Iron production in Iceland - metallurgic analyses of iron and slag from four sites in Iceland

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Keyword: Iceland, Viking age, Medieval time, Iron production, Miljö- och kulturhistoriska studier av den Vikingatida och medeltida utvecklingen på biskopssätet Hólar, norra Island
Publication year: 2006
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SDG 3 Good health and wellbeing
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During excavations at sites in Iceland, samples of slag and iron was selected for advanced metallurgic analyses. The aim of the project is to increase the understanding and knowledge of iron production and metal work in Iceland during Viking Age and medieval time. Samples from four sites have been investigated so far: the Viking age and early medieval house Hofstaðir in Garðabæ, the medival turf house at Keldur in Ragnarvöllum and early medieval harbour Kolkuós and churchyard in Keldudalur in Skagafjördur. All samples was analysed at Geoarchaeological Laboratory (GAL) in Uppsala, Sweden. The samples from Hofstaðir í Garðabæ is connected to a smithy process from which there are traces in the form of microscopic hammer scale. Similar processes was concluded through hammer scale remains in the medival turf house Keldur in Ragnarvöllum and together with results from insect analyses at Keldur it could be concluded that a living room during a period had been used as smithy or for iron work. The material from the medieval harbour Kolkuós in Skagafjördur was complex and it could not be concluded if there had been any smithy, iron work activity or similar at the place, even though boat building and repairmen was interpreted. An interesting result, from both, Hofstaðir, Keldur and the early medieval churchyard Keldudalur in Skagafjördur, was the presence of bone or calcium and phosphor in the samples. In the example Keldur bone was probably added in the production to make the iron harder for the progress in the iron making process. But in the bone material found in samples from the other sites, Hofstaðir and Keldudalur, it is clear that bone most probably was used as fuel in the process of iron production. In that time wood got rare in Iceland because of the expansion of the colonisation. In the northern part of the country there are resources in drift wood coming with sea currents, but this is not the case on southern Iceland to the same extent Therefore, there is a lack of wood for charcoal production. Tests have shown that equal parts of wood and bone as fuel makes almost the same effect in fire.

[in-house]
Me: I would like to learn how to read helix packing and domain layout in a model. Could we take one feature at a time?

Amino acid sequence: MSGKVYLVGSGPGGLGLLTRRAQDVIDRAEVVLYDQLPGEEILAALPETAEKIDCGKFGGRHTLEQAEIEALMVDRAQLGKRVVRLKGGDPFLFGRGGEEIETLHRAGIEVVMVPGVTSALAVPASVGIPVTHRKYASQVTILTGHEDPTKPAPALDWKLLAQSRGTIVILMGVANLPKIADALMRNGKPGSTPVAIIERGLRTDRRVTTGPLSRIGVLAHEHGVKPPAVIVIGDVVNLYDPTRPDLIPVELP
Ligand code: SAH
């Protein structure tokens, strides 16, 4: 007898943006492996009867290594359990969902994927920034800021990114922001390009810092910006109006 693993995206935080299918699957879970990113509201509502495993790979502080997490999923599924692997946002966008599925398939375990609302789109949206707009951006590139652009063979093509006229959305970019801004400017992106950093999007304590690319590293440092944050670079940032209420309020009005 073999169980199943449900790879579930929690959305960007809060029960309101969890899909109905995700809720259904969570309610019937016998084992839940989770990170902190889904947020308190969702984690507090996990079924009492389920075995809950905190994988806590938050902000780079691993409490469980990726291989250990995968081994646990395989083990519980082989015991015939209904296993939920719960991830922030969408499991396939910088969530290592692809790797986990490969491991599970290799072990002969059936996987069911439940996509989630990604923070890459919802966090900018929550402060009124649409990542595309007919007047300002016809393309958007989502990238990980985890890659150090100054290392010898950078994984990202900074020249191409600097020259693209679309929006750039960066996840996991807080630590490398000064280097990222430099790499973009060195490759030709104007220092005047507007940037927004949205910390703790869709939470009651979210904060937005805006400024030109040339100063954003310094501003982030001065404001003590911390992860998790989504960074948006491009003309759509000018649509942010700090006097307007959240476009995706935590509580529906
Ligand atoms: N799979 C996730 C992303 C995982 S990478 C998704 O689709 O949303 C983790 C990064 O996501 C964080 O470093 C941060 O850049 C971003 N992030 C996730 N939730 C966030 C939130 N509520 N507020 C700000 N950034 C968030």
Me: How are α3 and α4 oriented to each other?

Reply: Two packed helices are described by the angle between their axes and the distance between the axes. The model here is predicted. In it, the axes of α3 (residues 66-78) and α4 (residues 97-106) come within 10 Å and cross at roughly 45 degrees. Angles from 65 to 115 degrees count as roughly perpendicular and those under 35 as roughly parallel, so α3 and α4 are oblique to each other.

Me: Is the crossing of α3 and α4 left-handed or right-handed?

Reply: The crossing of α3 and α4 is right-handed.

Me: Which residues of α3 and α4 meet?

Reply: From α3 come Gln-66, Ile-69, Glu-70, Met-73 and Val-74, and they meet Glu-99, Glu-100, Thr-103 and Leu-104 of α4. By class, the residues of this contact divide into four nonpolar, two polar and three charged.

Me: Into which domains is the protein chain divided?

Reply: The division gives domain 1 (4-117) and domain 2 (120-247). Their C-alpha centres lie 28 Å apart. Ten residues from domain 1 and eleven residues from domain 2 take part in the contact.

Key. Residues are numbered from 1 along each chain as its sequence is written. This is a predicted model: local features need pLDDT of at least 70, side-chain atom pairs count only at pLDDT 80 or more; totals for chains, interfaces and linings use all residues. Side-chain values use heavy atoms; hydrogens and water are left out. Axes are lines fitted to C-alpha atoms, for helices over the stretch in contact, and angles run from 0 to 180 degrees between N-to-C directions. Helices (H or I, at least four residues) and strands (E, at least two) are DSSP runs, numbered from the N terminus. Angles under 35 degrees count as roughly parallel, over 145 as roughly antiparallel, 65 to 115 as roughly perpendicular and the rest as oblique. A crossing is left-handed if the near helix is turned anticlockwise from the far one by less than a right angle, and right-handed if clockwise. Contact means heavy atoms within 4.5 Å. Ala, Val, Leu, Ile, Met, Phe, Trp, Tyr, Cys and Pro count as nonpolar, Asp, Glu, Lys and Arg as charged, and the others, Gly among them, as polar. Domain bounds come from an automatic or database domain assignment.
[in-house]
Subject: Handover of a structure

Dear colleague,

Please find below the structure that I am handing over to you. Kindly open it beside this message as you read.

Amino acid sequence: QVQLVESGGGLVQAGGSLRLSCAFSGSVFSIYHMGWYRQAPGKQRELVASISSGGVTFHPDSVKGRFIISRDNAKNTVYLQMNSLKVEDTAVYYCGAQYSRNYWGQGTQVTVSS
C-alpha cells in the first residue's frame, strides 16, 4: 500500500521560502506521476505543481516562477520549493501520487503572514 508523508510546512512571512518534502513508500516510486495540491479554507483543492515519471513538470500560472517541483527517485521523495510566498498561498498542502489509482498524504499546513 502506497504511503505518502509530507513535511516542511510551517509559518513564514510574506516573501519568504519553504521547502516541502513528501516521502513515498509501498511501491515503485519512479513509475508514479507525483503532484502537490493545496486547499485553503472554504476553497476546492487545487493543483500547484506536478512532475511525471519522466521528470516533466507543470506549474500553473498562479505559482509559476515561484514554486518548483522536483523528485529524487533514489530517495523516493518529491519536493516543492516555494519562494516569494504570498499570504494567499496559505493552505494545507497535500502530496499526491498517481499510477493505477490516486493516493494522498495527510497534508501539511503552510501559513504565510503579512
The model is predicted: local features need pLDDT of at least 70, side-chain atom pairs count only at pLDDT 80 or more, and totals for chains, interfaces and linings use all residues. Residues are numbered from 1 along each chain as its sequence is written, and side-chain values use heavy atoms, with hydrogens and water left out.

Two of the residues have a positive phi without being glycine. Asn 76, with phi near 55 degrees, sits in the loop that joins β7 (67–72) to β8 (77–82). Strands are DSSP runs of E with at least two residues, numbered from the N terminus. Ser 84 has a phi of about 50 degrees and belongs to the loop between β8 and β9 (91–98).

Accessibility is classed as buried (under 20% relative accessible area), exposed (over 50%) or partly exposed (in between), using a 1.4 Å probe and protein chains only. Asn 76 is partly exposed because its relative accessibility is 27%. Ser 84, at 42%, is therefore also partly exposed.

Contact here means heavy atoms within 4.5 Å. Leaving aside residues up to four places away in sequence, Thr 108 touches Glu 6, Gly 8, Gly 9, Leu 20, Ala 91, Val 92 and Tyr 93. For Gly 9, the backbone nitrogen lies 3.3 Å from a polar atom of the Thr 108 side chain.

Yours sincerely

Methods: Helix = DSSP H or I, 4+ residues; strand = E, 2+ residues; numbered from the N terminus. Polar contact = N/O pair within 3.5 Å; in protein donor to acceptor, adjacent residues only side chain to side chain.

Magnus Hellqvist

Högskolan Dalarna; Naturgeografi
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Ragnheiður Traustaðottir

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